4 out of 4 stars
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Set in 1800s America The Prodigy Slave, Book One: Journey to Winter Garden by Londyn Skye explores the treatment and experiences of slaves through the eyes of Lily, a mixed-race slave who, the book reminds us, “is the full property of [her] master”. The story begins with the brutal way Lily is snatched from her mother and sold into a life of slavery. We are then taken 14 years into the future, where we find Lily sitting at the piano, reliving the day she was taken from her mother and sold to the highest bidder. It is telling that she is able to relive the memory with such haunting precision even after over a decade and reminds us of the trauma that people experienced during the slave trade. As the story progresses, we learn that Lily is a musical prodigy – she has a photographic memory and is able to memorise the sounds she has heard being played on the piano and uses this in secret to escape briefly from reality. We are taken on a journey of heartache and joy as Lily explores her gift and experiences a semblance of freedom in the face of oppression and stigma which presents numerous challenges in her pursuit of freedom and love.
The opening chapter is emotive and instantly draws you in. The desperation is palpable, and Skye paints a heart-breaking image of hopelessness and fear. The dialogue is written in a southern dialect which adds to the story and helps set the scene, transporting you to the time and place. It is written beautifully, and you feel all of the emotions of the character through the descriptive imagery used – from the fear of being abandoned, to the joy of realising that there is hope. Something that really stands out is that each chapter begins with a definition or an article from the Slave Code. Each is picked specifically to foreshadow the events of the chapter, and they build momentum as we see all the risks that are being taken by Lily and James Adams, her slave owner’s son and first love.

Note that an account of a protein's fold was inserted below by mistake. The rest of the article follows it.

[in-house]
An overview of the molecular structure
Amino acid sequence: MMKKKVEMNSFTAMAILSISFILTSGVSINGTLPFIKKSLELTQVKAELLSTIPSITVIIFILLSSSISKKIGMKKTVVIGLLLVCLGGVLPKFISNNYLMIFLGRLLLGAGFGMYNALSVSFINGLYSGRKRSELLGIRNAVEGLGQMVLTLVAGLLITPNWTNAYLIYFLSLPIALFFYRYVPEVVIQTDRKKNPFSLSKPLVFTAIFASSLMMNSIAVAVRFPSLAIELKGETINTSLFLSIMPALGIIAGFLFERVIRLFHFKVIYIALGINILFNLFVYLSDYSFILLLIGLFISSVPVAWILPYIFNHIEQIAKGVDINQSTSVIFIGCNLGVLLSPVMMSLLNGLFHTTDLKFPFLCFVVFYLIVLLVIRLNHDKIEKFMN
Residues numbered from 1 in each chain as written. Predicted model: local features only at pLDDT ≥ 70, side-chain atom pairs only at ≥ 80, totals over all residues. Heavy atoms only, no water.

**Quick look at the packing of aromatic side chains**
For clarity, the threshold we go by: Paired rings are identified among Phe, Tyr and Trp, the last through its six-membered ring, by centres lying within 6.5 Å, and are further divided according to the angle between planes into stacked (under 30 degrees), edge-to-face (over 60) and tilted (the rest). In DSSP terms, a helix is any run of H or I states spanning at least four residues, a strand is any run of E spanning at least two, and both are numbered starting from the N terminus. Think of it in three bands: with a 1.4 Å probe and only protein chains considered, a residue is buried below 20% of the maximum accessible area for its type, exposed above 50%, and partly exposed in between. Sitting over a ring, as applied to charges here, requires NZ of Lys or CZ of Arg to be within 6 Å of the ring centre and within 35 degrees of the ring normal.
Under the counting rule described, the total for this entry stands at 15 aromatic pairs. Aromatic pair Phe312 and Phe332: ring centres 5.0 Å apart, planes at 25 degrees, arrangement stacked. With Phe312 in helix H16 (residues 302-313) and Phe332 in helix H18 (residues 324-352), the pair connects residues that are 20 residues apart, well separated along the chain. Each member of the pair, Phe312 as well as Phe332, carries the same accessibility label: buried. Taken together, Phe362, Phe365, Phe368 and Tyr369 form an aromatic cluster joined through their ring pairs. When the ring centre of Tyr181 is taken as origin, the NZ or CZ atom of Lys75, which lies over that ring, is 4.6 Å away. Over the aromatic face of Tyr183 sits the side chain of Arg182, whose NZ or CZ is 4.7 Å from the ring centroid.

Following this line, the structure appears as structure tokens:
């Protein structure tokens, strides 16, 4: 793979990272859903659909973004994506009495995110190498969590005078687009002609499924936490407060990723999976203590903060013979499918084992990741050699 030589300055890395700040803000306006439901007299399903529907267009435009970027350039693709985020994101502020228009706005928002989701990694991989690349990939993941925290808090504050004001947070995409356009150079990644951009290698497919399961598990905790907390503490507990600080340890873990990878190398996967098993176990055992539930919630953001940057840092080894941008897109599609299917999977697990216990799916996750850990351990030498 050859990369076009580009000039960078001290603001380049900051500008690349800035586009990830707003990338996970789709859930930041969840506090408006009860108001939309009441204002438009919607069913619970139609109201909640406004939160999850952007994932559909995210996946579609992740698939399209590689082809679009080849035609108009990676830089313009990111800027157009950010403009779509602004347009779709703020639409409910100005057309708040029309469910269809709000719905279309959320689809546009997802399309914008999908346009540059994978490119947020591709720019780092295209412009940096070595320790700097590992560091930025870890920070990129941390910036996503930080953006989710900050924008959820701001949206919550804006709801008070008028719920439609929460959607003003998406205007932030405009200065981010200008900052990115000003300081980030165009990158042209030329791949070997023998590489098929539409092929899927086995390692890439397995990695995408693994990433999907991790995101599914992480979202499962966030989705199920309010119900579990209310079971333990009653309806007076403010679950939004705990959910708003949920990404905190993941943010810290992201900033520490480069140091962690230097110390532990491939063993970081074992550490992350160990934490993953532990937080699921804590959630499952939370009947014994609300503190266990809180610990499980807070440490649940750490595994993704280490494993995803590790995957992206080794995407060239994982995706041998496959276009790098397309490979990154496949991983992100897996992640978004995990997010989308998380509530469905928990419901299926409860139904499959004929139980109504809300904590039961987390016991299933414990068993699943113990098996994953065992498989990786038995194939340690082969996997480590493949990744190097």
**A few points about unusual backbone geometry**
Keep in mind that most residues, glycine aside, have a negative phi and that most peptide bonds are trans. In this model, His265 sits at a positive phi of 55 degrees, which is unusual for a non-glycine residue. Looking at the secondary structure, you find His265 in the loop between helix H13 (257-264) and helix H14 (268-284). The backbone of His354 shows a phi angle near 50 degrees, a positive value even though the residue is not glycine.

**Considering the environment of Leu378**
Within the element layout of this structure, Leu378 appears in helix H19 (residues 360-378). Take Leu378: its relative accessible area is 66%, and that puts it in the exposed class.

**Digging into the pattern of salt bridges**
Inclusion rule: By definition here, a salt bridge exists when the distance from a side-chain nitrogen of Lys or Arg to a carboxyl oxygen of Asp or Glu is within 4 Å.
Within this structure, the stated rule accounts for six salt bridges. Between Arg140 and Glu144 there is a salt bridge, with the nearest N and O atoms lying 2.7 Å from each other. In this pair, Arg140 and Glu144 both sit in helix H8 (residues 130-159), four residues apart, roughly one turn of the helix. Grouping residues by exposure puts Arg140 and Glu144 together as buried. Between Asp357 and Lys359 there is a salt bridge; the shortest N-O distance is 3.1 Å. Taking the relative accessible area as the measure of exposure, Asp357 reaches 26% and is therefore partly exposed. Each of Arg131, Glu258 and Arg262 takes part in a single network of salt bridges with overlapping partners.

The story is full of unexpected twists, and at points leaves you wondering ‘why?’. The main characters are well developed, and we do get a sense of their personalities, morals and decision-making processes, although I did find James’ character frustratingly ignorant which clashed with his educated background as a doctor. The story does drag at points, and is a slow burner, but picks up at just the right points with a little bit of drama. Just as you think there might be a happy ending, you’re hit with a ‘did he really just do that?’ cliffhanger which really does make you want to dive into the next book.
I would suggest that the book is most suitable for mature audiences as it contains violence, racial slurs, profanity and explicit sexual content, but would also be suitable for young adults given the age of the main character and the genre.
Overall, I would rate this book 4 out of 4 stars. It is a captivating book and draws you in instantly, and the twists and turns keep you hooked, even through the lulls.
The Prodigy Slave, Book One: Journey to Winter Garden
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